Dr Linda Mtwisha, the executive director of research at the University of Cape Town (UCT), said that it’s imperative to develop a national research impact assessment system where information on research outputs can be collected so that universities that don’t have adequate resources and research capacity are not disadvantaged.
The Children’s Institute of the University of Cape Town (UCT) is one of seven interdisciplinary research entities and 89 accredited research groupings of UCT undertaking research with socioeconomic impact.
Such impact includes having protected 31 000 children from losing the Child Support Grant while the team of seven researchers continues to produce an average of about 21 peer-reviewed publications annually, said Dr Linda Mtwisha, Executive Director: Research at UCT.
Dr Mtwisha was speaking on the topic, Towards assessing research and innovation impact at a university level: the UCT journey, at the Research and Innovation Dialogue, held in Umhlanga on 21 and 22 September. She was part of a panel discussing Research and Innovation Impact at the Dialogue.
Dr Mtwisha said the Children’s Institute showed how “at UCT we don’t take social responsiveness or engaged scholarship as a separate stream. It’s fully embedded in teaching and learning and research activities. And I think that’s why we’ve seen such good quality research impact cases”.
She added that although the Faculty of Health Sciences, by nature of its clinical research responsive to societal needs and policy, has stood out for its impactful research, UCT’s research impact stories are not widely known inside or outside the university. They are working on improving this because it hinders collaborations.
She said more and more researchers at UCT are conducting impactful research beyond the institution’s academic boundaries, even though this approach is not formalised within the institution. Because scholars are not adequately recognised or rewarded for it, research impact is under reported internally.
Massive transformation purpose at UCT
UCT is committed, nonetheless, to positioning its academics to contribute to challenges within society, said Mtwisha. This is underpinned in UCT Vision 2030: unleash human potential for a fair and just society.
“We not going to be able to realise it on our own. It’s a massive transformative purpose which requires partnerships across the sectors of the economy, within the continent,” she said. And it’s a long journey mapped with challenges, she said.
As such, they were deliberating on:
Impact is not divorced from high quality research
UCT is increasingly focusing on engagements about research impact. Starting in 2018, they have had several conversations where they invited parties from the National Research Foundation (NRF) and representatives from government and industry to collaborate and understand its implications for what they do.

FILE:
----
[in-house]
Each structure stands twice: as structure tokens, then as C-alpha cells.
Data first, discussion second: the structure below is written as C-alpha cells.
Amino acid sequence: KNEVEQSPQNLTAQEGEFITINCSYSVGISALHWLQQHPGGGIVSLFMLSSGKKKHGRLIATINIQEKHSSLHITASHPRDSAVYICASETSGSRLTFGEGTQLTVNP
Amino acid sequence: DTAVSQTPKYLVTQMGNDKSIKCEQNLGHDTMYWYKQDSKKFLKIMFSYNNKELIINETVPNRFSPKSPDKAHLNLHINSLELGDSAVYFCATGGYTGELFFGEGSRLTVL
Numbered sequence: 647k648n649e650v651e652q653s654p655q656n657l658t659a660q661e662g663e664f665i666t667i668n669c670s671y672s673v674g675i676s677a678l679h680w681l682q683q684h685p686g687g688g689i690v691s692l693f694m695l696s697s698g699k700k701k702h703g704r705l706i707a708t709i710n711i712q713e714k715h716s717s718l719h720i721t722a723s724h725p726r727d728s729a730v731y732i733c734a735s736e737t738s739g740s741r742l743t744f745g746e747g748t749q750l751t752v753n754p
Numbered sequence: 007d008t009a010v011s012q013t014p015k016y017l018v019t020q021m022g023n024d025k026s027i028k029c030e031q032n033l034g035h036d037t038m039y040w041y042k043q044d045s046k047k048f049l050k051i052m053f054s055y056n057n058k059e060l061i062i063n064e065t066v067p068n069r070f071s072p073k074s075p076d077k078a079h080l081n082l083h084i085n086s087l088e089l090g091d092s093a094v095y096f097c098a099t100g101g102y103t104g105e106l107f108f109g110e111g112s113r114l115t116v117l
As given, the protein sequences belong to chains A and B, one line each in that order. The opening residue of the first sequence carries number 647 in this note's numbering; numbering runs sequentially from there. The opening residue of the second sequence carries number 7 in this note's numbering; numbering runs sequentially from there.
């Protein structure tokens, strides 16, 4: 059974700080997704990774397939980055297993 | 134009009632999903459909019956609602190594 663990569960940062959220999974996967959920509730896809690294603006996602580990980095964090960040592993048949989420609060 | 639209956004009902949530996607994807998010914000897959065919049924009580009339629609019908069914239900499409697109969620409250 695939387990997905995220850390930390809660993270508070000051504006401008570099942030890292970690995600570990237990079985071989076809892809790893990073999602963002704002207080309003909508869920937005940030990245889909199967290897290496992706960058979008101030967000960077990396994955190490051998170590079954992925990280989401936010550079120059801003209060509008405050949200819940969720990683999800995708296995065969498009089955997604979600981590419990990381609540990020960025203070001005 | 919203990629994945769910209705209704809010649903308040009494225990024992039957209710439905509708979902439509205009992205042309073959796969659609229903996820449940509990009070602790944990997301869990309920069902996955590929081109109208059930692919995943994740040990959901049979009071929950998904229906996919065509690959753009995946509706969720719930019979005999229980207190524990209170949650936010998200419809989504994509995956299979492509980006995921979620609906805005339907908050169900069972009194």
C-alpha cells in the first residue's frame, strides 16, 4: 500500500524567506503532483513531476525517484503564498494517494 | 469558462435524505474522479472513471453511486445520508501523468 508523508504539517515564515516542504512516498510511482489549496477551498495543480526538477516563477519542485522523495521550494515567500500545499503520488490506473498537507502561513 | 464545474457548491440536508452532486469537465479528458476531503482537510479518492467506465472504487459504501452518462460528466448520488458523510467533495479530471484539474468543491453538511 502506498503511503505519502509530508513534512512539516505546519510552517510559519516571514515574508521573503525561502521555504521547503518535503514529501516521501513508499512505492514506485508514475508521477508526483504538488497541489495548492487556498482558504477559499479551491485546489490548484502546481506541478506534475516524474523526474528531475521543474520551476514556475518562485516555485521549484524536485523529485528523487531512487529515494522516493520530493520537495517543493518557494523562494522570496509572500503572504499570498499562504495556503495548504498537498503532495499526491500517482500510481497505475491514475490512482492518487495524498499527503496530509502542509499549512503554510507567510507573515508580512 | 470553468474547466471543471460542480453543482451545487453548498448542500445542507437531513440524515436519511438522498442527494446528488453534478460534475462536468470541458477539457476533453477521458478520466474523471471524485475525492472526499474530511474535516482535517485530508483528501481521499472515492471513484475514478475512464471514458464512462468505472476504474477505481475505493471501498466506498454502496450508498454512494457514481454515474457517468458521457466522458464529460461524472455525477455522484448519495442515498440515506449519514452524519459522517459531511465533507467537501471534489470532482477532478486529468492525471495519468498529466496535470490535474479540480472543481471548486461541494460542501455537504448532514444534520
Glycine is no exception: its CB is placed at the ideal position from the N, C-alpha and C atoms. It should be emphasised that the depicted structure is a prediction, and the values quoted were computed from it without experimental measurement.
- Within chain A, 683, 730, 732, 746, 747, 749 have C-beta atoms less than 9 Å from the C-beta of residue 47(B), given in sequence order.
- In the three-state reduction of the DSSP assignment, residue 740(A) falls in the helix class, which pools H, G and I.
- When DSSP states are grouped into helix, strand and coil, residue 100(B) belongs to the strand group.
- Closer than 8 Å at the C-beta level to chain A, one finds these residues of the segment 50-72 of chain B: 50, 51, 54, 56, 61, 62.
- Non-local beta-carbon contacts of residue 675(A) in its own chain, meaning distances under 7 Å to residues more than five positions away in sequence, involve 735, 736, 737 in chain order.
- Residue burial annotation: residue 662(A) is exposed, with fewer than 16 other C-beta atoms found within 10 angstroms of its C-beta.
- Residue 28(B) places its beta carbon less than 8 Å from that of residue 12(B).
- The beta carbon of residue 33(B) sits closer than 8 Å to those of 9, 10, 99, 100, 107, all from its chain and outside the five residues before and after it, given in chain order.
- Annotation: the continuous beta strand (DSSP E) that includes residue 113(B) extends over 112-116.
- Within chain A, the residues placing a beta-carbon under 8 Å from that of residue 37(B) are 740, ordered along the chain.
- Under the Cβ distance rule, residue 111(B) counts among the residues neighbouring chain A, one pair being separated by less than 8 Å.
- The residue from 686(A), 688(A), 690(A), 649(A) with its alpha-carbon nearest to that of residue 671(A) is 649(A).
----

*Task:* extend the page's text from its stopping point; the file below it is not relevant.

She said it was important to highlight that socioeconomic impact, with outcomes such as technical reports, patents, policy briefs, and changing behaviour in society, “does not take away from high-quality academic products such as peer-reviewed papers. We are seeing cases where these two outcomes are happening hand in hand. It’s not ‘either or’, but ‘and’,” she said.
UCT and policies
She listed a string of policies that UCT has aligned itself to. The Research Data Management Policy (2018) that “really set the tone at UCT” because it “indicated the seriousness with which we are embracing research impact”.
In 2019 UCT stated its support for the San Francisco Declaration on Research Assessment (DORA), which recognises the need to improve the ways in which researchers and the outputs of scholarly research are evaluated.
One problem is that because these are guidelines, they are adopted inconsistently, although some have made them part of their promotions processes. “It’s a cultural thing. Until it’s a policy, people are going see it as a nice-to-have, but we are working on it,” she said.
UCT has established a committee that is defining what research impact is in the context of UCT, and how they will measure it.
She said as the NRF implements its framework for social and knowledge impact, it could possibly extend impact to its ratings “because it might help researchers to extend how they evaluate the impact of what they do”, she said.
Assessing impact is time consuming, research intensive and resource intensive, said Mtwisha. “We need to consider developing a national research impact assessment system where we are able to collect all this information on research outputs, and impacts at a systemic level so that universities that don’t have adequate resources and research capacity are not disadvantaged,” she said.
“This conversation really excites me, because it brings the opportunity for South African universities to consolidate and have evidence for areas where they are making an impact. This will facilitate and encourage collaborations among us in a way that we will have even greater impact in responding to national priorities,” said Dr Mtwisha.
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